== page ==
In addition to providing educational materials to the public, the 2014 IOM report suggests that government agencies undertake and share behavioral research aimed at assessing public perceptions and actions with respect to end-of-life care. Although national polls in the United States have provided periodic insights into public perspectives on end-of-life issues, ongoing population-based national surveys currently do not include questions about the end of life (5). Recently, end-of-life surveillance items were administered to a nationally representative sample of U.S. consumers to assess factors associated with completion of advance directives. This survey found that 26.3% of respondents had an advance directive and nearly 70.0% had concerns about end-of-life care, such as the costs of care, the pain that they might have, or their comfort and dignity during this period (6). Black or Hispanic persons or those who lack the knowledge to have concerns about the end of life were less likely to have advance directives; these groups may represent potential targets for intervention.

Although a PubMed search for “public health” and “end of life” still yields few articles addressing a population approach to end-of-life issues (most of which are presented here), the broader public health community has recently begun to acknowledge this issue. Several states (5, 7) and communities included palliative care questions as state-added items to the Behavioral Risk Factor Surveillance System. Other authors have declared end of life as a public health crisis (Cool and the dying as a vulnerable population that should be a concern of public health (9). More recently, the American Public Health Association adopted a policy statement in 2013 on the role of public health in addressing unmet needs in serious illness and at the end of life (10). Such steps represent incremental progress.
 
In making its recommendations, the IOM appropriately considered the end of life as an issue that requires the involvement of sectors beyond the health care system. Hopefully, public health will heed the IOM's call for action and continue to build on the recommendations of the IOM and key public health stakeholders with respect to end-of-life issues. And, when the IOM writes its next end-of-life report, perhaps public health can influence the next set of recommendations.
Logged
ccp
Power User
***
Posts: 4369


« Reply #1401 on: February 14, 2015, 11:58:58 PM »

I really don't want to be a government employee but this is where it is going.   I no of no significant scientific evidence that sex is a decent form or aerobic exercise unless one is being whipped while running on a treadmill.  This is just patently ridiculous:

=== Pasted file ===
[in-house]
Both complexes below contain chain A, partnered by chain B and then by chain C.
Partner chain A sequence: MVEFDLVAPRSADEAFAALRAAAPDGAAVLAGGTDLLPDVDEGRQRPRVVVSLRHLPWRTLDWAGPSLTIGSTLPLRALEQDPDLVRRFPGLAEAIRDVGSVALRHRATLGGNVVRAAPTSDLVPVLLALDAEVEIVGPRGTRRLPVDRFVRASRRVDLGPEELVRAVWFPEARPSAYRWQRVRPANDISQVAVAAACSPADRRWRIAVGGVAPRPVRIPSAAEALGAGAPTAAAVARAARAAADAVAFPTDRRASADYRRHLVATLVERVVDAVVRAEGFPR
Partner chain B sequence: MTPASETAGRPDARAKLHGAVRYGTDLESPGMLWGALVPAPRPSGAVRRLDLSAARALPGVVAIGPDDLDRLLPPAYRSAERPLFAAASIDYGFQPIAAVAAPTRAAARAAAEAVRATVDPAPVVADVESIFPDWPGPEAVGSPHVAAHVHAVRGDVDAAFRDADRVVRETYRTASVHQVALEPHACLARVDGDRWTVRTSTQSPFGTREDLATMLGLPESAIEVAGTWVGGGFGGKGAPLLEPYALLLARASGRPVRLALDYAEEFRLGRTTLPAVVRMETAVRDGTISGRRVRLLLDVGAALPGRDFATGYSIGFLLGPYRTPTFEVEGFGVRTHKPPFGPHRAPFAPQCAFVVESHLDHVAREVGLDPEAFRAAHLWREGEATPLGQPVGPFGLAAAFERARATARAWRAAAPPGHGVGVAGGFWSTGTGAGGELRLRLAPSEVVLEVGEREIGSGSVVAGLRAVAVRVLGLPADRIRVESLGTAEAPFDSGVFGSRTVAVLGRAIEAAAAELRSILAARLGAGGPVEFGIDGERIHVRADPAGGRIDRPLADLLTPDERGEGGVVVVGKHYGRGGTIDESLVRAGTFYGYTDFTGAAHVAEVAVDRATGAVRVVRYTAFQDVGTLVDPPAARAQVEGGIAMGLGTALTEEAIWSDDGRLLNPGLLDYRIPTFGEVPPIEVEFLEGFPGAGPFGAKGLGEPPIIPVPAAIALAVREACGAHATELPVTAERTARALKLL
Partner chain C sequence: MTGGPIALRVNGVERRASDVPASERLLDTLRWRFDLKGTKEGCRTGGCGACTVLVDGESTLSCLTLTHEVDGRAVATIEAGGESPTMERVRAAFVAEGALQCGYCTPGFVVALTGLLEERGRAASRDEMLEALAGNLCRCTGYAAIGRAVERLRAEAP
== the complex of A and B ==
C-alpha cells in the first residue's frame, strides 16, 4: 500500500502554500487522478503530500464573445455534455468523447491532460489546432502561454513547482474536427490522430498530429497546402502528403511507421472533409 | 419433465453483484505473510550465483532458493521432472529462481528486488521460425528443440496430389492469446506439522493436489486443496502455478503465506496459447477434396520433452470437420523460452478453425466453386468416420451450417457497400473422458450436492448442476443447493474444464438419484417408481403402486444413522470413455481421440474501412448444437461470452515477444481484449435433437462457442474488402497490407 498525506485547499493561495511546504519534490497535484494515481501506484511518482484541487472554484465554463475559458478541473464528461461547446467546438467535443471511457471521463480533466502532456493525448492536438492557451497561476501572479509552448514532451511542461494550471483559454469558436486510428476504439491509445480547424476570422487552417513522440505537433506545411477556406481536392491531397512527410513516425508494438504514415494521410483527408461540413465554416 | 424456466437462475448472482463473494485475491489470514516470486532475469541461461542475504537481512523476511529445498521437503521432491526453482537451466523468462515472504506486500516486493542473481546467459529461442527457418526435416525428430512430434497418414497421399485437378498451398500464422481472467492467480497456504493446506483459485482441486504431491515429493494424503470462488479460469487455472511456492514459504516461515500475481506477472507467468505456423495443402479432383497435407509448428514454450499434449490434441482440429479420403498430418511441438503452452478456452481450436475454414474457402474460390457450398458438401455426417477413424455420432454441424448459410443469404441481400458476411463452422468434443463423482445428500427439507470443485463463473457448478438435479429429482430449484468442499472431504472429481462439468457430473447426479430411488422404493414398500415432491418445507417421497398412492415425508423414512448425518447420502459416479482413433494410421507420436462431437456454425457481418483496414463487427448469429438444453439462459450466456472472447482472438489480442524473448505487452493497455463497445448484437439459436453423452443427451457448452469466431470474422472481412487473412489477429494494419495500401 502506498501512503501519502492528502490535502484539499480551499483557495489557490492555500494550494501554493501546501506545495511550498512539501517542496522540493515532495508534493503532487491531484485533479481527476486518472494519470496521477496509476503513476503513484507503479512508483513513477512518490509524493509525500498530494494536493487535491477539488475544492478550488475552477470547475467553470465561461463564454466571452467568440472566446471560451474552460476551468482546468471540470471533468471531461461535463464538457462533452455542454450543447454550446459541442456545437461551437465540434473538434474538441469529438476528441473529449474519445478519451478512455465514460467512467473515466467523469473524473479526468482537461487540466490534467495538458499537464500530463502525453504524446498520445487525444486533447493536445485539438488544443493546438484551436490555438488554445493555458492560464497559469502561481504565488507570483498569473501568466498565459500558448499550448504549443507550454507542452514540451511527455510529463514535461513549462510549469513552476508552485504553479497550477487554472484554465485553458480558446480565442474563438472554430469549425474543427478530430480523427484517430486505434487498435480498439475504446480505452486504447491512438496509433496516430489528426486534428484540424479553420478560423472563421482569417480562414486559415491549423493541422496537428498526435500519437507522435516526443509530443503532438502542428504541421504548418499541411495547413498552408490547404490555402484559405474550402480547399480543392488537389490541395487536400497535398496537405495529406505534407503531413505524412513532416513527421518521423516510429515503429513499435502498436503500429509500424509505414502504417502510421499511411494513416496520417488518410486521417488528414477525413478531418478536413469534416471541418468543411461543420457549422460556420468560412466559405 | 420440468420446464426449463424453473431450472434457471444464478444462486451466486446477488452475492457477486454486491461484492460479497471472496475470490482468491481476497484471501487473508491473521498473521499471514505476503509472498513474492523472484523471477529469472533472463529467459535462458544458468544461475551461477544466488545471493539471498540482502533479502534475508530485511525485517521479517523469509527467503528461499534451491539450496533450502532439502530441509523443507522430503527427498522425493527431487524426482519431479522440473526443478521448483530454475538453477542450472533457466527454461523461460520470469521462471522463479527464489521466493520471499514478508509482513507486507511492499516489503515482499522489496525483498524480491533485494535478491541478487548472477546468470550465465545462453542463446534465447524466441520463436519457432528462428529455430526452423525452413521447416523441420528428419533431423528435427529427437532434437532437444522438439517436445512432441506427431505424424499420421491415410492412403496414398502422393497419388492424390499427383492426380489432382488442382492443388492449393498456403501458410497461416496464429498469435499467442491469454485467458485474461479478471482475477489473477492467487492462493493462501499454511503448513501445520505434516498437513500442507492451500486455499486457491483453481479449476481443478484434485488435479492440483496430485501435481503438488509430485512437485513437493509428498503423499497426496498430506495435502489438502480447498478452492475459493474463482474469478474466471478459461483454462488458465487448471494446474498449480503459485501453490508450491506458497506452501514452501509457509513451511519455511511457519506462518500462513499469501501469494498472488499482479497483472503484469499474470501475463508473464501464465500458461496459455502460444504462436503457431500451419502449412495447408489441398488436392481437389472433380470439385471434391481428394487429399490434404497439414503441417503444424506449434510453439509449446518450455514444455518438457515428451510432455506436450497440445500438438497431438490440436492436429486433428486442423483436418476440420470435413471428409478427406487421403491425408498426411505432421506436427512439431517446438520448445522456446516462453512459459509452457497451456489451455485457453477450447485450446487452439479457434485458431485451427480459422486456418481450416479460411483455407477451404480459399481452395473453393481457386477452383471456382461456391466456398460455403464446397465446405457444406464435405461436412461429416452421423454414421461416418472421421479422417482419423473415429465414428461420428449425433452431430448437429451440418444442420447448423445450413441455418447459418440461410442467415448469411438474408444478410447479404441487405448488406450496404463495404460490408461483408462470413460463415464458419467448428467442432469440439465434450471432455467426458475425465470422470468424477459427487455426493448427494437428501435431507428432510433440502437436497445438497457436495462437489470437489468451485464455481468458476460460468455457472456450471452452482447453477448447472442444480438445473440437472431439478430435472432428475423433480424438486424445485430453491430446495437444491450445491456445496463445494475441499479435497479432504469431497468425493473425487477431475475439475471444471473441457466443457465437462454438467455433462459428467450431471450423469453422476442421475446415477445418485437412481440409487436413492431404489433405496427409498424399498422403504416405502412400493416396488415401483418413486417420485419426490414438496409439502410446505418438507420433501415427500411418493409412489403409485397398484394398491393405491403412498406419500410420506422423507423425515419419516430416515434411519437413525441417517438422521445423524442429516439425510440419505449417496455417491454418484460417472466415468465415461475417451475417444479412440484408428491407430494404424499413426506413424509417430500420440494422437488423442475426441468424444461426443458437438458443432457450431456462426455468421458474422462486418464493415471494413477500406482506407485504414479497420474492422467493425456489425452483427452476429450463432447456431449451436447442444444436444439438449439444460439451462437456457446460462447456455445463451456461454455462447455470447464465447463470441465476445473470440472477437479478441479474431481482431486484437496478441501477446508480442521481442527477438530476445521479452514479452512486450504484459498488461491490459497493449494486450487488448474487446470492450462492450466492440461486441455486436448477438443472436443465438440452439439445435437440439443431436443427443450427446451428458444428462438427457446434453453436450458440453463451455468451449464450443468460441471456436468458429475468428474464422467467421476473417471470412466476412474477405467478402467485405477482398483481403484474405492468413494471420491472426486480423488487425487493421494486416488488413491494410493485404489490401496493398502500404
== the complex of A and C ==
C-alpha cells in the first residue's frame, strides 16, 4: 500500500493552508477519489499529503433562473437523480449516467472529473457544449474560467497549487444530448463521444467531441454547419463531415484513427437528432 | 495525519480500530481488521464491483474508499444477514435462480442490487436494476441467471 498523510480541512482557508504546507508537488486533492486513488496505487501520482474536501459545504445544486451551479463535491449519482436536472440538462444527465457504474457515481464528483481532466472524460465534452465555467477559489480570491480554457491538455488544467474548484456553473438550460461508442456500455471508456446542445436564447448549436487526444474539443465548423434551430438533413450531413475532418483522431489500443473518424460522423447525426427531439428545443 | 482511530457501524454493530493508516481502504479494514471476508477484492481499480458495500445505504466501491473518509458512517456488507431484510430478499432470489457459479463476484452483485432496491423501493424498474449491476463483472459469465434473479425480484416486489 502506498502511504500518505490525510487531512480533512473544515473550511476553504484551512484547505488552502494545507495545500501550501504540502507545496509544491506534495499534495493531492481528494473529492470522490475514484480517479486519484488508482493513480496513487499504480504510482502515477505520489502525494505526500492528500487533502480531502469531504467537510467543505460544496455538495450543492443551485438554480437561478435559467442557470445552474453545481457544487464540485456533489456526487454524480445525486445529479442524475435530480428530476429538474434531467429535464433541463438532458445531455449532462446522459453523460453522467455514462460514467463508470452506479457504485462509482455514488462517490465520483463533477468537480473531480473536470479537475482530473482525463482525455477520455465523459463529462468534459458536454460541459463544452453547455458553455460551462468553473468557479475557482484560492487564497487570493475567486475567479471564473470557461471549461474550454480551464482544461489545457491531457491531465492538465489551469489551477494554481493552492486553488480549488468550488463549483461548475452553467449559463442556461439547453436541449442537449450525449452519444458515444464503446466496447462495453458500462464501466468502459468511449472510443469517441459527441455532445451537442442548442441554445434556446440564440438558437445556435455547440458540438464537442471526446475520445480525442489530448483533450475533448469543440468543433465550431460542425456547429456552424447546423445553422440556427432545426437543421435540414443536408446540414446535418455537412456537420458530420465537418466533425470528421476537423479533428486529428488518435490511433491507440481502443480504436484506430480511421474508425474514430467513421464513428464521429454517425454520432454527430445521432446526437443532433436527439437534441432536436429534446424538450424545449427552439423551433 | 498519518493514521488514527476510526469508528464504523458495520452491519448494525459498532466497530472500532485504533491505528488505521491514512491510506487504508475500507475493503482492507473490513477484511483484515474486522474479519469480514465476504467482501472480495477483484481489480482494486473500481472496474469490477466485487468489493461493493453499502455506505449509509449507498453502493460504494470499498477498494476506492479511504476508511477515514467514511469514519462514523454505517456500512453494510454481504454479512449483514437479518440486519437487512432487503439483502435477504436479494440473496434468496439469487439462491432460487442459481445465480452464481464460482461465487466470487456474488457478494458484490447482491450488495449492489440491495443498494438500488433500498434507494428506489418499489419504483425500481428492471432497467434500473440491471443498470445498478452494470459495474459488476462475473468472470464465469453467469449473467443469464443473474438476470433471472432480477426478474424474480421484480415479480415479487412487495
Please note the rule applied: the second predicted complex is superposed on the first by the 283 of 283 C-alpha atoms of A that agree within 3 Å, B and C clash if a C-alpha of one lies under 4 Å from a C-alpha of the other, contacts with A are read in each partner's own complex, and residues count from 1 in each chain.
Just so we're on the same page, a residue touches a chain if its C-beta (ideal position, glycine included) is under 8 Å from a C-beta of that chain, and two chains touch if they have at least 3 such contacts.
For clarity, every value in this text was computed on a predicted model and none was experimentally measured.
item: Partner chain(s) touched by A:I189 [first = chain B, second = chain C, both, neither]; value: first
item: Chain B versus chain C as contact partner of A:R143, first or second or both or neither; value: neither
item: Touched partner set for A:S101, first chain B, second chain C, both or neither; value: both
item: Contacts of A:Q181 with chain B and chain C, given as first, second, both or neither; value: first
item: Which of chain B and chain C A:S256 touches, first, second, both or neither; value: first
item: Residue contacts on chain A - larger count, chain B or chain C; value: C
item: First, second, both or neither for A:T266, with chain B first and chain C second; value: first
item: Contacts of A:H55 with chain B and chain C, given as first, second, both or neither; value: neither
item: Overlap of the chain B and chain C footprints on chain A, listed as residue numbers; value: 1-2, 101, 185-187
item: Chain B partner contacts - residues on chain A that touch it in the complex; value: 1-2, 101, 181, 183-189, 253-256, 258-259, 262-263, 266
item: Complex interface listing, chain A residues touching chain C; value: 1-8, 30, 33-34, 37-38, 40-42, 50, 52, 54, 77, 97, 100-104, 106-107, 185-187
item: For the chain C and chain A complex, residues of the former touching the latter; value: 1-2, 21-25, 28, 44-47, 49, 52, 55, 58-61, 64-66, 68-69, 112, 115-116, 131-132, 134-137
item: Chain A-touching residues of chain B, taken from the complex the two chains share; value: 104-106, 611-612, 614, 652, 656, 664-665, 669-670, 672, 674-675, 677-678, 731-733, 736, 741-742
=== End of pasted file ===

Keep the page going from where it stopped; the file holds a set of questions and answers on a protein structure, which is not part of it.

*****British Doctors Told to Prescribe Sex as Exercise

by A.B. Sanderson13 Feb 201586

Medical experts have recommended that exercise is something which GPs should be prescribing more often, describing it as “a wonder drug” which is important in the prevention of many common diseases.

The report from the Academy of Medical Royal Colleges says that physical activity plays a significant role in the management of long term conditions but its impact is so positive that it needs to take a greater role in the daily routine of children and adults, the Daily Mail reports.

There is, it says, a direct correlation between the increasingly sedentary lifestyle and conditions such as diabetes and obesity.

And worryingly, over 40 per cent of adults do not reach the minimum recommended level of 30 minutes of moderately intense exercise five times per week.

Regular exercise can prevent dementia, type 2 diabetes, some cancers, depression, heart disease and other common serious conditions – reducing the risk of each by at least 30% – better than many drugs.

But rather than simply telling doctors to send their patients down the gym or pounding the streets in lycra, the authors suggest there are a huge number of ways to raise the heart rate which fit into a person’s schedule.

The report says that fun activities are more likely to be sustained, suggesting many activities can be promoted including dog walking, dancing and even having sex. ‘Basing activities in communities leads to sustained acceptance’ it says, although the report offers no comment on whether this applies to the latter activity.

And it is not just the health of patients which will improve with more adults taking part in community dance classes or training for charity events: The costs of physical inactivity to the UK, the NHS and other public bodies are estimated to be in excess of £15bn.

There are also other costs which are less simple to quantify, including the effects of bad health on families and communities. Lack of physical activity is, is says, acknowledged as one of the top four factors responsible for premature deaths and long term diseases.

Chairman of the Academy of Medical Royal Colleges Professor Dame Sue Bailey sailed:

“This is about people and their doctors believing that the small effort involved is worth it because they are worth it.

“There really is a miracle cure staring us in the face, one which too many patients and doctors have quite simply forgotten about.

“This is about people and their doctors believing that the small effort involved is worth it because they are worth it. This needs to work across the life-course, from children to the very elderly.”

But the advice was not welcomed everywhere, with Joyce Robins of Patient Concern saying, “It’s none of GPs’ business to be talking about patients’ sex lives. I would take amiss at that and I’m sure many others would too.

“This is particularly true as nowadays most patients don’t even know their family doctor.”*****
Logged
Pages: 1 ... 27 28 [29] Print 
« previous next »
Jump to:  

Powered by MySQL Powered by PHP Powered by SMF 1.1.19 | SMF © 2013, Simple Machines Valid XHTML 1.0! Valid CSS!